Tax Matters: A Potpourri
By Michael L. Crawford, BA(Hons), CMA
Dear readers: This month I have been asked to come up with 600 words that are informative, and maybe even a little entertaining, about women’s issues and tax. It doesn’t matter if you’re a man or a women; in the eyes of the CRA you are a taxpayer. If you are interested in knowing what your rights as a taxpayer are (man or woman), check out the Taxpayer Bill of Rights Guide at the CRA website (www.cra-arc.gc.ca)
I did come across one item in my research that will most likely benefit women. If you are separated from your spouse and he refuses to change his marital status, you can still change your marital status by completing Form RC65, Marital Status Change or you may write a letter informing the Canada Revenue Agency of your new status and the effective date. In either manner the signature of the (ex) spouse is NOT required.
Why would a spouse not want to change his marital status? I can think of only two reasons: 1) To claim credits for which they are not eligible as a separated individual 2) To make life difficult for their former spouse. Over the years I have come across examples of both.
I say this is sort of about women because in my practice it has always been the man who wanted to make things difficult or defraud the government. In fact anybody who is separated and needs to complete Form RC65 may do so regardless of gender.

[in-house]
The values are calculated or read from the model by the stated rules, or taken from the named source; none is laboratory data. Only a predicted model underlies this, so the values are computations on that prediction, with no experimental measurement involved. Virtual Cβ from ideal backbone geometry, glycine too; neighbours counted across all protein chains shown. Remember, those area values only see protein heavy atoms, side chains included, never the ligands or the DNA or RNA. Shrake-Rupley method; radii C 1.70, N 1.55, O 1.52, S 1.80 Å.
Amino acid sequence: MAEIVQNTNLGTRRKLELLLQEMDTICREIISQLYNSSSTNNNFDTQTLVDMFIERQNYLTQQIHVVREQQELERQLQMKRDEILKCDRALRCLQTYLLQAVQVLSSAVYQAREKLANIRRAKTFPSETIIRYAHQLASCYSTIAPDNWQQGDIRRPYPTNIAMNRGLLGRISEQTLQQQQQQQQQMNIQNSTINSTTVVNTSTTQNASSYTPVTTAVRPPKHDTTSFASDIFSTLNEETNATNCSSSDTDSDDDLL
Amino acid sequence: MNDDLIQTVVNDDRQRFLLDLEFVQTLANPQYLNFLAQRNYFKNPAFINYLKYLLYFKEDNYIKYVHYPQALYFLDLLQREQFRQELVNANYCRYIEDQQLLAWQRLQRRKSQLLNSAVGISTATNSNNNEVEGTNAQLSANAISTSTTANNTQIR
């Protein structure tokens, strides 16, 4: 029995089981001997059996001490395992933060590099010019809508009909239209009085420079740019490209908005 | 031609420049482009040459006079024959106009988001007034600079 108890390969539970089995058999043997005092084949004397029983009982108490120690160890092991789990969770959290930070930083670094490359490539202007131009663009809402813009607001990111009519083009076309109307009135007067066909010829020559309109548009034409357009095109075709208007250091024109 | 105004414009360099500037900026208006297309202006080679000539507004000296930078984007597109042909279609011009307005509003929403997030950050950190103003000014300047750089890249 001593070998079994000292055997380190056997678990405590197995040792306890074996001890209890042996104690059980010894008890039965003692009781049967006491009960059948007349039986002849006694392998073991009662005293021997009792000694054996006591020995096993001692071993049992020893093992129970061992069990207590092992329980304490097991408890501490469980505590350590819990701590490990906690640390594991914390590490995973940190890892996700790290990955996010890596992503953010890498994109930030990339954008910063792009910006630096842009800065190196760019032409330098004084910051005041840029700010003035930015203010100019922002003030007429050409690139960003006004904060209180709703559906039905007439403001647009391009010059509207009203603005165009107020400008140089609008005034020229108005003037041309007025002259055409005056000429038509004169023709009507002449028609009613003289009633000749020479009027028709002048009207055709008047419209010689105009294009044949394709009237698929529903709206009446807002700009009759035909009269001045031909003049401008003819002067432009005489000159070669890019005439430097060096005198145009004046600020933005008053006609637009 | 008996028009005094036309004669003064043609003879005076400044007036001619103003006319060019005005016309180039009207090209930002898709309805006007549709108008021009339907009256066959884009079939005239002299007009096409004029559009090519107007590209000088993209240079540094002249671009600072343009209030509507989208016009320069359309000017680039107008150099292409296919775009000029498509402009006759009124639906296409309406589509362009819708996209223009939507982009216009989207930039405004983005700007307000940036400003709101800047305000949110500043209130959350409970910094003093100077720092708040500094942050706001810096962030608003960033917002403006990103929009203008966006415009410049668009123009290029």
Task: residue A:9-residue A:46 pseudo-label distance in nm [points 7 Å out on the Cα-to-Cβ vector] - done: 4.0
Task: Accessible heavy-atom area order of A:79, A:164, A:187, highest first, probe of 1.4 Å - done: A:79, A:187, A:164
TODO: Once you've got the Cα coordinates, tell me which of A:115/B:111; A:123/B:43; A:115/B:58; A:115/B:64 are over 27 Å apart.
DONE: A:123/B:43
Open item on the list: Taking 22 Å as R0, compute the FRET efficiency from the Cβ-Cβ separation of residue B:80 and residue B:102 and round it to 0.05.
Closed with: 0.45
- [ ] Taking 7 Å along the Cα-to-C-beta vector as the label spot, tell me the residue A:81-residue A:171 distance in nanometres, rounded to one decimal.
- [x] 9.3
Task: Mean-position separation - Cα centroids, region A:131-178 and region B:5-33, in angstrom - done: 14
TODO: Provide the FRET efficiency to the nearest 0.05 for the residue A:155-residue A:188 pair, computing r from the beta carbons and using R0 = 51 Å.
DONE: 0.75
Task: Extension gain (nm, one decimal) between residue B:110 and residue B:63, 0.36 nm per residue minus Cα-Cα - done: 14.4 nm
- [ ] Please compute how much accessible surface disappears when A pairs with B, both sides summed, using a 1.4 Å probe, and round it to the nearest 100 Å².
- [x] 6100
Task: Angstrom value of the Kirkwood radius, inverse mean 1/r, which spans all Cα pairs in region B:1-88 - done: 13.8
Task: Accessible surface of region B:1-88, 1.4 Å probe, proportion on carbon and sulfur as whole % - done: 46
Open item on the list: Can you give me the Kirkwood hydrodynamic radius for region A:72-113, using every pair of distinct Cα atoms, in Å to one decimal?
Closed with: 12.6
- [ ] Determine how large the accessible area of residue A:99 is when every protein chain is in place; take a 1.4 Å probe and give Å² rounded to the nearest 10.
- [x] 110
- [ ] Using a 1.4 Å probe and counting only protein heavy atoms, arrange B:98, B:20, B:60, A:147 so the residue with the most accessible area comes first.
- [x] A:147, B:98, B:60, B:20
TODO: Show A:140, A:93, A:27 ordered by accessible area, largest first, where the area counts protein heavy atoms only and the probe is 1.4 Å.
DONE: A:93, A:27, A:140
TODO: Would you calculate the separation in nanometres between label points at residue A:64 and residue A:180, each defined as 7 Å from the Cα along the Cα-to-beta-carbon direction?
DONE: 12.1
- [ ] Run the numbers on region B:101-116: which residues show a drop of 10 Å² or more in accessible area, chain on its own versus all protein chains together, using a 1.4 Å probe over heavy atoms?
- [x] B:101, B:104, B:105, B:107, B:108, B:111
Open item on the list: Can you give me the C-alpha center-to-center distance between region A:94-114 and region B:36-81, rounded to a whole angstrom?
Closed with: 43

There are some myths that circulate in certain circles of society concerning the CRA. Some of them are simply unbelievable and others are dangerous. For your consideration:
Myth: The income tax system is based on voluntary compliance because the government knows tax laws are unconstitutional and cannot be enforced.
Fact: Our tax system is absolutely constitutional and non-compliance can result in fines, seizures and criminal prosecution. This myth is just silly and I can’t imagine anyone falling for it. Some individuals claim they have not filed a tax return in years, and don’t have to. This may be true. If the person has no taxes owing then they have no obligation to complete a tax return. However, if they are requested (or demanded) to file a tax return then they must do so. Even if the return results in no tax liability, it must be filed.
Myth: You can make tax free withdrawals from yourself directed RRSP.
Fact: Although you may use funds from a self directed RRSP to buy shares of certain qualified investments, there is no legitimate way to extract cash from your RRSP without some sort of tax consequence. This myth is dangerous and preys on the vulnerable and the greedy.
The Income Tax Act and other related legislation are large and complex laws that frustrate even the professionals at times. This article is intended to increase your awareness of issues that affect you and encourage you to look more closely at the ones that relate directly to your situation. You are encouraged to seek professional guidance specific to your unique situation.